Sept. 5, 1950: Appalachian Bible College Founded
Appalachian Bible College—originally known as Appalachian Bible Institute—opened at Sylvester in Boone County on September 5, 1950. The nondenominational, independent Christian college was the brainchild of Raleigh County minister Robert Guelich.
Before the school opened, southern West Virginians had to travel all the way to Pikeville, Kentucky, if they wanted to take advanced Bible studies.
Guelich persuaded the Rev. Lester Pipkin of Minnesota to relocate to West Virginia and open a Bible college. They converted a vacant two-story building in Sylvester into a dormitory, dining hall, and office, and furnished it with war-surplus materials. They set up classrooms in the basement of Guelich’s church at Pettus, four miles away—earning the school the nickname of “the longest campus in the world.”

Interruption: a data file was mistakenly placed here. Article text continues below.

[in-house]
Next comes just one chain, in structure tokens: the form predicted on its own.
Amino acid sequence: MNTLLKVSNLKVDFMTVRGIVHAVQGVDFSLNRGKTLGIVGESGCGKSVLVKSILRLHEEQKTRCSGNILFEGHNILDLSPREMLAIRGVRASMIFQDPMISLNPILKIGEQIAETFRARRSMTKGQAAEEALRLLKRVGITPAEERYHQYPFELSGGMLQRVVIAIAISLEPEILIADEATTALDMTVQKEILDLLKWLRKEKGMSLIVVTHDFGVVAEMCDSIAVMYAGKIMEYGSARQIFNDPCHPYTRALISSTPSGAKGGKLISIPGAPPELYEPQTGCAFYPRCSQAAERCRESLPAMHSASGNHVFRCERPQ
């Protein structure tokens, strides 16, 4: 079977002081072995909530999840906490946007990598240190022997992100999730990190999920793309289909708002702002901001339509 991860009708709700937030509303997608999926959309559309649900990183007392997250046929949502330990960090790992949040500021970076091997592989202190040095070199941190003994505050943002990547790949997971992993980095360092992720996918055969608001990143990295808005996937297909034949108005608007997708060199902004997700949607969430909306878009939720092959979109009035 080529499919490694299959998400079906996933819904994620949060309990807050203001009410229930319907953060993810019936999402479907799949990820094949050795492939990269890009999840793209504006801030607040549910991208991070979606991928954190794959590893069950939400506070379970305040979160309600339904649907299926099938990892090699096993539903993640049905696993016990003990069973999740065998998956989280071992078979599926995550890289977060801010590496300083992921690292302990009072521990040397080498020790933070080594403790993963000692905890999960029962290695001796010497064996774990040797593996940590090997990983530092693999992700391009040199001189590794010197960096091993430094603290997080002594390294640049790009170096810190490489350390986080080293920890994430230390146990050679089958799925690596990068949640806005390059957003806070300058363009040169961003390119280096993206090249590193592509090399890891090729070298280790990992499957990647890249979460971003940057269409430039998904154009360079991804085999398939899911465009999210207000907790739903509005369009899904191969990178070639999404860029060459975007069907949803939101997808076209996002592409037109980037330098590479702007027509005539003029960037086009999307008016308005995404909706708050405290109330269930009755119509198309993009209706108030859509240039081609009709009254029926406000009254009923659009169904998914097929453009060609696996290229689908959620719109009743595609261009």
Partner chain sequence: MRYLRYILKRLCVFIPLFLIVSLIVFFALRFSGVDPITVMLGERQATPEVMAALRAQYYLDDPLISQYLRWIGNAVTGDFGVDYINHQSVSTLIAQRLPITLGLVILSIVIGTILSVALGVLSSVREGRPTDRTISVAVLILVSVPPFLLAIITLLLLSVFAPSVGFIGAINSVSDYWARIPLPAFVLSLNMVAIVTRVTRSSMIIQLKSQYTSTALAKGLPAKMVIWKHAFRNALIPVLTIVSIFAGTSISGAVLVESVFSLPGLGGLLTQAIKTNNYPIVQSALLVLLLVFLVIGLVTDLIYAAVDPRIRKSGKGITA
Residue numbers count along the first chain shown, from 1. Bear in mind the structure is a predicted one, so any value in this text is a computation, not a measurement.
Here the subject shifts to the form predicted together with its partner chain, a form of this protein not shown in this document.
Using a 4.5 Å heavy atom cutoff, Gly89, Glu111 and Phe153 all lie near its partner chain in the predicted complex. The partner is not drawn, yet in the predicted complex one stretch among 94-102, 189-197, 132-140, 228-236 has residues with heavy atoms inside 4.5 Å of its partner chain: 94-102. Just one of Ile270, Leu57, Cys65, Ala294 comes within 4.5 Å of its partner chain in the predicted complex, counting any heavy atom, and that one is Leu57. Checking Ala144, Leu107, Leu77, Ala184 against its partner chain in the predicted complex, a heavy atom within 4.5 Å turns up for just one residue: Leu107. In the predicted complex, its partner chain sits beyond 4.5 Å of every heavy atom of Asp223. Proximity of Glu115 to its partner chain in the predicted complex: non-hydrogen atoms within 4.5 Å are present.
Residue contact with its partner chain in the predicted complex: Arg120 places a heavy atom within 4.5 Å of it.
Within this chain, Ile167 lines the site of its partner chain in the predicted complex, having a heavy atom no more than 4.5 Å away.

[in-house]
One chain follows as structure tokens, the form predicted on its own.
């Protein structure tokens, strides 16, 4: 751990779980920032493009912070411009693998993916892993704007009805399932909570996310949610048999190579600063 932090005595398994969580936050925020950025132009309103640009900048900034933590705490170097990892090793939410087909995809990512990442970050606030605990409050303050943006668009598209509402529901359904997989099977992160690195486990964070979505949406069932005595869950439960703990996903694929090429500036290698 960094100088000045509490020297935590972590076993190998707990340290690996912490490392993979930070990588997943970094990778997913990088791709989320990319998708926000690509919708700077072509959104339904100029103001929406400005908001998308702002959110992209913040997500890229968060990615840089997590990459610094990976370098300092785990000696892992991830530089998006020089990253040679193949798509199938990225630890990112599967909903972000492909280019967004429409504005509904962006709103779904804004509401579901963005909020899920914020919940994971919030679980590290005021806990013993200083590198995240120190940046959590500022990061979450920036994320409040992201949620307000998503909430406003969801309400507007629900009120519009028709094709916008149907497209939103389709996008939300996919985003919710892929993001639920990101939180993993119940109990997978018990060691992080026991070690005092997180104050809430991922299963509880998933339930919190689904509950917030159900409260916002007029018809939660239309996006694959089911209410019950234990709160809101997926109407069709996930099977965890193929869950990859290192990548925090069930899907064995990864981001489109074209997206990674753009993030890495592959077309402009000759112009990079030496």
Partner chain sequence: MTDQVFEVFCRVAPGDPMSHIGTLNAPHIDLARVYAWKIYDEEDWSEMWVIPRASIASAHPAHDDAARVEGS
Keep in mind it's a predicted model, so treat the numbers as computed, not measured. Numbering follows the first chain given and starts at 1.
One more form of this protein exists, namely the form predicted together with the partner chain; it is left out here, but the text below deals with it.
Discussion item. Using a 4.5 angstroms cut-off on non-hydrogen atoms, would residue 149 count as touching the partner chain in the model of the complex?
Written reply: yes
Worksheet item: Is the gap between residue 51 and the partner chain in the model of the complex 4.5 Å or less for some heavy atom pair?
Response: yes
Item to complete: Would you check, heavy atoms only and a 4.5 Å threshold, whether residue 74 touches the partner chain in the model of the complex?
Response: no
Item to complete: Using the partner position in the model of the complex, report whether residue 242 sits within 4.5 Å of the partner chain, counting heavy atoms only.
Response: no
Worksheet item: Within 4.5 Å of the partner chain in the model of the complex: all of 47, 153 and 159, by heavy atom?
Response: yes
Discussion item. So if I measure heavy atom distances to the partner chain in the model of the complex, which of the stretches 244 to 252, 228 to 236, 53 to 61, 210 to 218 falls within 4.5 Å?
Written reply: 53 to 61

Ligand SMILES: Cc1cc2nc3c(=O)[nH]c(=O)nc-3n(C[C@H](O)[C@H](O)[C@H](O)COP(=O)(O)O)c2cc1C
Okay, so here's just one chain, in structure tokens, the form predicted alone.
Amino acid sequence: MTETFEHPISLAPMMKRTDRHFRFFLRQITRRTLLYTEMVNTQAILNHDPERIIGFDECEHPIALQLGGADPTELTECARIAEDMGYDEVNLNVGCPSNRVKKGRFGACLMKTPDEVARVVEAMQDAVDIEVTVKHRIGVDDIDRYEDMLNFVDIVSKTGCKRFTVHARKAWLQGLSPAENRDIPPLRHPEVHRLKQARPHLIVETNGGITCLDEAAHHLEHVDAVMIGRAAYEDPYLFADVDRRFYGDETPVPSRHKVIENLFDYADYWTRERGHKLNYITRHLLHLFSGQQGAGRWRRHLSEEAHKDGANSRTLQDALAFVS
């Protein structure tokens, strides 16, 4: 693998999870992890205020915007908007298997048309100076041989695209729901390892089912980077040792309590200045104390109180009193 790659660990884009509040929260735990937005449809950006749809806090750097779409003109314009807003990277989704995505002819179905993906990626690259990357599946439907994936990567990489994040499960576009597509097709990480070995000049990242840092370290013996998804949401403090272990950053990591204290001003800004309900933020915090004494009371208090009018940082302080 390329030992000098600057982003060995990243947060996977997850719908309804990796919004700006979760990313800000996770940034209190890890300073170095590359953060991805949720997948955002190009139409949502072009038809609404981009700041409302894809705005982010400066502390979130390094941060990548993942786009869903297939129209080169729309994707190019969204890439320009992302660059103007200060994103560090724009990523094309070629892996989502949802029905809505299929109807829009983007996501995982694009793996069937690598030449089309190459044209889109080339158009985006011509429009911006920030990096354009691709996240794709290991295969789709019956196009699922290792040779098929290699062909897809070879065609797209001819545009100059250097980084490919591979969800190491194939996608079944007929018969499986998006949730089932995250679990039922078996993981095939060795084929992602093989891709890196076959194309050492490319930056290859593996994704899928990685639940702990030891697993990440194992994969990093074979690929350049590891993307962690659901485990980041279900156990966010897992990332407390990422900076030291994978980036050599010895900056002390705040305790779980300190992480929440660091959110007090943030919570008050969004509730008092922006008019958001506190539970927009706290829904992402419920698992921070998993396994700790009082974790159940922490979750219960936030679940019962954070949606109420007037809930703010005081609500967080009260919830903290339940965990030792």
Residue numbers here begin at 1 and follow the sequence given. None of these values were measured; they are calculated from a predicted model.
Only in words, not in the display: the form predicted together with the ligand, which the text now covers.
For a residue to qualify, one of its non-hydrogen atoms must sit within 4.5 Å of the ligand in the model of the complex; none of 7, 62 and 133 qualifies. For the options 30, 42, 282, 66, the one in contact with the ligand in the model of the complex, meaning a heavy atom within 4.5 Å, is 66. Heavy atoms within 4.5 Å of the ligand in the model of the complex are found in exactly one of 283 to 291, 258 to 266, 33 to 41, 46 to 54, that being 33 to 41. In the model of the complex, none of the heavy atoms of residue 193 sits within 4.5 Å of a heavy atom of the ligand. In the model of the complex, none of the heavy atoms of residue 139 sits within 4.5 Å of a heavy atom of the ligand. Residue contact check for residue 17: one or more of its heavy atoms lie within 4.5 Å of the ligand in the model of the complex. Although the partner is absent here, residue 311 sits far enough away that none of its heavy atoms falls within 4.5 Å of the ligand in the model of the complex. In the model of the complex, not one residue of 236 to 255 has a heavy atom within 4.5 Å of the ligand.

By 1954, the school’s student body had reached 40, and more space was needed. The school bought a 95-acre farm near Bradley in Raleigh County and opened its new campus in 1956. Today, enrollment at Appalachian Bible College is about 300. Its campus features a combined chapel and music hall, an administration-library-dining complex, women’s and men’s dormitories, a classroom building, and a gymnasium-conference center.